alcohol

Discussion in 'Other Investments' started by robmetal, Feb 23, 2015.

  1. robmetal

    robmetal New Member

    Joined:
    Jan 30, 2015
    Messages:
    48
    Likes Received:
    0
    Trophy Points:
    0
    how does one store alcohol for the long term (talking about 10 years and up)

    i have a back yard with few spots covered by thick trees from the sun pretty much the whole year round ..
    my goal is to buy .. say 10 big bottles of grey goose and henessy and want to store them for a loooong time (not really an investment just something for me to enjoy later on)

    i was thinking of making a "fortified" waterproof wood box and bury it in the darkest place in the backyard


    what do you guys think or recommend?

    thank you
     
  2. Golightly

    Golightly Well-Known Member Silver Stacker

    Joined:
    Oct 4, 2013
    Messages:
    1,454
    Likes Received:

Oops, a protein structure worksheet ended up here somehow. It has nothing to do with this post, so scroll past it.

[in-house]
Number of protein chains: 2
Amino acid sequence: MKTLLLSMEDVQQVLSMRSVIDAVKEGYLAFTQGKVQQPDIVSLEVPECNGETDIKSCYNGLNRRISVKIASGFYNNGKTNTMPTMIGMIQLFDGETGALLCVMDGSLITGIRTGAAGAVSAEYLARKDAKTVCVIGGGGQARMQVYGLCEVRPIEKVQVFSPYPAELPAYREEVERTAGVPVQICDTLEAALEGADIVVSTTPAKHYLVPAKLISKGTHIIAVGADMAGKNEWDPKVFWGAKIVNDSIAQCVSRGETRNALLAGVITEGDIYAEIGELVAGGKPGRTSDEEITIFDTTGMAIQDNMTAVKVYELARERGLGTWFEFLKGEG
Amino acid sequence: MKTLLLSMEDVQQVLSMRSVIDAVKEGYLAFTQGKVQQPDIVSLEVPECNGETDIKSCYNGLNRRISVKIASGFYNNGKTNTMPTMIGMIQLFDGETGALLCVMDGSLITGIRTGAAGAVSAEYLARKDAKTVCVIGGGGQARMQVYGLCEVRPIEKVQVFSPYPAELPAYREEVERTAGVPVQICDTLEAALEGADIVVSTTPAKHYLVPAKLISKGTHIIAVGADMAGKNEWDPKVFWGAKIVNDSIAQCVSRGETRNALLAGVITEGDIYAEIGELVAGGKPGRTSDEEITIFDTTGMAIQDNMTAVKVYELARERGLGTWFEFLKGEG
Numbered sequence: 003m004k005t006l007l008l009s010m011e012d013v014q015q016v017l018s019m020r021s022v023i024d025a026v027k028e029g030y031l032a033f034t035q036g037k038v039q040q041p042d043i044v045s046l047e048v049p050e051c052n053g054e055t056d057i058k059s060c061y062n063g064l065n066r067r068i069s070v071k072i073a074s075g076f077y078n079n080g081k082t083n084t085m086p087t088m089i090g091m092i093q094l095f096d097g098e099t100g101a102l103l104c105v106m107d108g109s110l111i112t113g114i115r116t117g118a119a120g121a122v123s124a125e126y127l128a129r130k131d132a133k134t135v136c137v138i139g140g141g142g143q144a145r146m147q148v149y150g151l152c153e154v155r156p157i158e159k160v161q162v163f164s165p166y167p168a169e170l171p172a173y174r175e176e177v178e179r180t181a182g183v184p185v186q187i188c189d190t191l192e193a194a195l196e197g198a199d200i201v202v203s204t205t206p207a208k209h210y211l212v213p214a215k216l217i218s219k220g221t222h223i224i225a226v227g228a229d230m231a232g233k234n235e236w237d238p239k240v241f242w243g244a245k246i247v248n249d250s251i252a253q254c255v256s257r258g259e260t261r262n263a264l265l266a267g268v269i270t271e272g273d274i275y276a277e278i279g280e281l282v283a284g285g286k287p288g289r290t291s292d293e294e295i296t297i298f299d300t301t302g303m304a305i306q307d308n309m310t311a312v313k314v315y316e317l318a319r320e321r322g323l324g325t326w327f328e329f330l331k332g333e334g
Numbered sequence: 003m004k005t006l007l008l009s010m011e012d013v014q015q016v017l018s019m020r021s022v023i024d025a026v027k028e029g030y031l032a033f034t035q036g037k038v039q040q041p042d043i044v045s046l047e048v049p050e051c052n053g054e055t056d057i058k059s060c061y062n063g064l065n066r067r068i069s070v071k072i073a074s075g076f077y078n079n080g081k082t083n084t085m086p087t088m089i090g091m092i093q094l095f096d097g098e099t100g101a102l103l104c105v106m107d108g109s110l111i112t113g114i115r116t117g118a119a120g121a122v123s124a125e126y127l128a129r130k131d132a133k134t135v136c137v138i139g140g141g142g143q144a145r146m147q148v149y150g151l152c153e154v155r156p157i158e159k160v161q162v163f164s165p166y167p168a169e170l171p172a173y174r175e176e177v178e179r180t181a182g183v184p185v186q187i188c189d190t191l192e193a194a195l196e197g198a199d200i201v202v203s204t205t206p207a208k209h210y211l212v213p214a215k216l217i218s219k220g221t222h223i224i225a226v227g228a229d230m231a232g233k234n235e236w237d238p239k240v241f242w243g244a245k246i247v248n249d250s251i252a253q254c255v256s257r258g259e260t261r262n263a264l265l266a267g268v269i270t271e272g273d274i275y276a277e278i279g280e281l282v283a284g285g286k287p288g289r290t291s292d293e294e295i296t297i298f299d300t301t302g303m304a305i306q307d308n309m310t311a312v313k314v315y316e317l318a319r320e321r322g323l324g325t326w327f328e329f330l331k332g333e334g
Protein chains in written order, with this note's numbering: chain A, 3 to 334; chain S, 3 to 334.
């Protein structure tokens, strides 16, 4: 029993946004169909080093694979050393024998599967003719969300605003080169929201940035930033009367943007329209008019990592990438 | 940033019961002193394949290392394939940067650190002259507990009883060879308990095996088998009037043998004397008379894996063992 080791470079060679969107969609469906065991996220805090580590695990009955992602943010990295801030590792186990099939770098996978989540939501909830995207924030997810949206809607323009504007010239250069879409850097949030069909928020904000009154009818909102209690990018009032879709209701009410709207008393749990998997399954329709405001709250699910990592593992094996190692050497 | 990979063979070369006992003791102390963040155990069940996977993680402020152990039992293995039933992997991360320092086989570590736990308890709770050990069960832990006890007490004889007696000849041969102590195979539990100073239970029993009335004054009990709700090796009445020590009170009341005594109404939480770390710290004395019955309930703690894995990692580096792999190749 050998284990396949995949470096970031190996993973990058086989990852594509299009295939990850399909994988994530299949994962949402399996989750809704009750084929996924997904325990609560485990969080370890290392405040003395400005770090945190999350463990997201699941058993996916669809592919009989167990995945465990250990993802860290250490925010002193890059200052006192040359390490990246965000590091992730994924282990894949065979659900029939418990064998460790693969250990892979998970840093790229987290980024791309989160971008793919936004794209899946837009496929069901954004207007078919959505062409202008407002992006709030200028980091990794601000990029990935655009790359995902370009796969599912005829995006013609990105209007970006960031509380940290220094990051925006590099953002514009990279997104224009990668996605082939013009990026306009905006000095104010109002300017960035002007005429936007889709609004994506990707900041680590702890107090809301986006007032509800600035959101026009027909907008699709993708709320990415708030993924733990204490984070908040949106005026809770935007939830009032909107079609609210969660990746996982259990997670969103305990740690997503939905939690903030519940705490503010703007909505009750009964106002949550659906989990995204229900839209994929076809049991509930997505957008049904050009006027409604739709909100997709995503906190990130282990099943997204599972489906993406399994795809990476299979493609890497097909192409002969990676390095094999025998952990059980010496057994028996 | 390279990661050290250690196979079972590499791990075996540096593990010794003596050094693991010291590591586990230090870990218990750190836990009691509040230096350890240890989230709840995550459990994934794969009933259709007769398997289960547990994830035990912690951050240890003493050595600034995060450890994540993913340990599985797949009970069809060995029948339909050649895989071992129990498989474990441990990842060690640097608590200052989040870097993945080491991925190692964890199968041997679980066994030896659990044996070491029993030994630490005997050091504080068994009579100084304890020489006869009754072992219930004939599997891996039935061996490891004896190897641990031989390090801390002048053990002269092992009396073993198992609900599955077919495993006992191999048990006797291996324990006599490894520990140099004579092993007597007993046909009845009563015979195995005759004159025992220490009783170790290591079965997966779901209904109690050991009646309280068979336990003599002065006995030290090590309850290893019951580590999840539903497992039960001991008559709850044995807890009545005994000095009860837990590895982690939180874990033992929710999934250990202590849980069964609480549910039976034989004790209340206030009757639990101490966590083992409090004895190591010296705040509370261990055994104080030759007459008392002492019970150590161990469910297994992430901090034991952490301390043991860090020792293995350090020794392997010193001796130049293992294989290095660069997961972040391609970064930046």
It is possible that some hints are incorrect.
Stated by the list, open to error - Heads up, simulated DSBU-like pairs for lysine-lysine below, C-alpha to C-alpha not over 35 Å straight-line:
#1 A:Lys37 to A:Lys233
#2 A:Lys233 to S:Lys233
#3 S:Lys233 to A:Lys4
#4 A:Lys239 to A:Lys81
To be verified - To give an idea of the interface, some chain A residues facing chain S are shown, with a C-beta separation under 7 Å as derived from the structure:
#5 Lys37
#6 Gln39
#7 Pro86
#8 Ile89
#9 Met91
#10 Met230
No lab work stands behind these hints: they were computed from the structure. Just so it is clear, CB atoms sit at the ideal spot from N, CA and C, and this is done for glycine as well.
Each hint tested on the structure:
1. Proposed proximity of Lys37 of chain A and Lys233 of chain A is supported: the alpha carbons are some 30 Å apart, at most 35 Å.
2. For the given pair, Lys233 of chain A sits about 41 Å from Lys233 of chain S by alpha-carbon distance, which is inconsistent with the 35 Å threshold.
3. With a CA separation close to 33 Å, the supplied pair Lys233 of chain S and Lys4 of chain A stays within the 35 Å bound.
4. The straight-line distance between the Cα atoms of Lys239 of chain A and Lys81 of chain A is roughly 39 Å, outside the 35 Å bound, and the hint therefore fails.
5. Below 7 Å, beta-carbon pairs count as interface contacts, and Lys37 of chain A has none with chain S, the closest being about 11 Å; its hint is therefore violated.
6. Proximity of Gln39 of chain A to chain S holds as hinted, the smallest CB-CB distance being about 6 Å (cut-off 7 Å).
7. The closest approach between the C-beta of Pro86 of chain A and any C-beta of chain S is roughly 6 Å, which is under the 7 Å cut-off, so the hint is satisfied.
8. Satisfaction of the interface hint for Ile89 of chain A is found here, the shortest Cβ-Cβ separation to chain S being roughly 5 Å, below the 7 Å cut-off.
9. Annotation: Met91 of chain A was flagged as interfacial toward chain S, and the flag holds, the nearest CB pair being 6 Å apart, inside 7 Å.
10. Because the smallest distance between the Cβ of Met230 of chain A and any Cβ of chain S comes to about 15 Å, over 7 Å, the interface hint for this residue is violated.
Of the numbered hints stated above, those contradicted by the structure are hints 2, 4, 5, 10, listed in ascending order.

47
    Trophy Points:
    48
    Location:
    Newcastle
    Sounds good to me, somewhere dry is most important u would think.
     
  3. ego2spare

    ego2spare Active Member

    Joined:
    Jun 1, 2013
    Messages:
    1,742
    Likes Received:
    21
    Trophy Points:
    38
    Location:
    Australia
    lol spirits store indefinitely. if you can make a box strong enough that it wont crack or get damaged in any way and is water tight so it will be kept completely dry. then u can bury that thing for 1000 years
     
  4. Caput Lupinum

    Caput Lupinum Active Member Silver Stacker

    Joined:
    Jun 18, 2012
    Messages:
    4,785
    Likes Received:
    16
    Trophy Points:
    38
    Location:
    Silver Stackers forum
    I've found that the liver works well for storing alcohol
     
  5. House

    House Administrator Staff Member

    Joined:
    May 1, 2012
    Messages:
    9,702
    Likes Received:
    299
    Trophy Points:
    83
    Location:
    Stack City
    Goose and Henny will be around for a looooong time. Storing them more for inflation purpose?
     
  6. robmetal

    robmetal New Member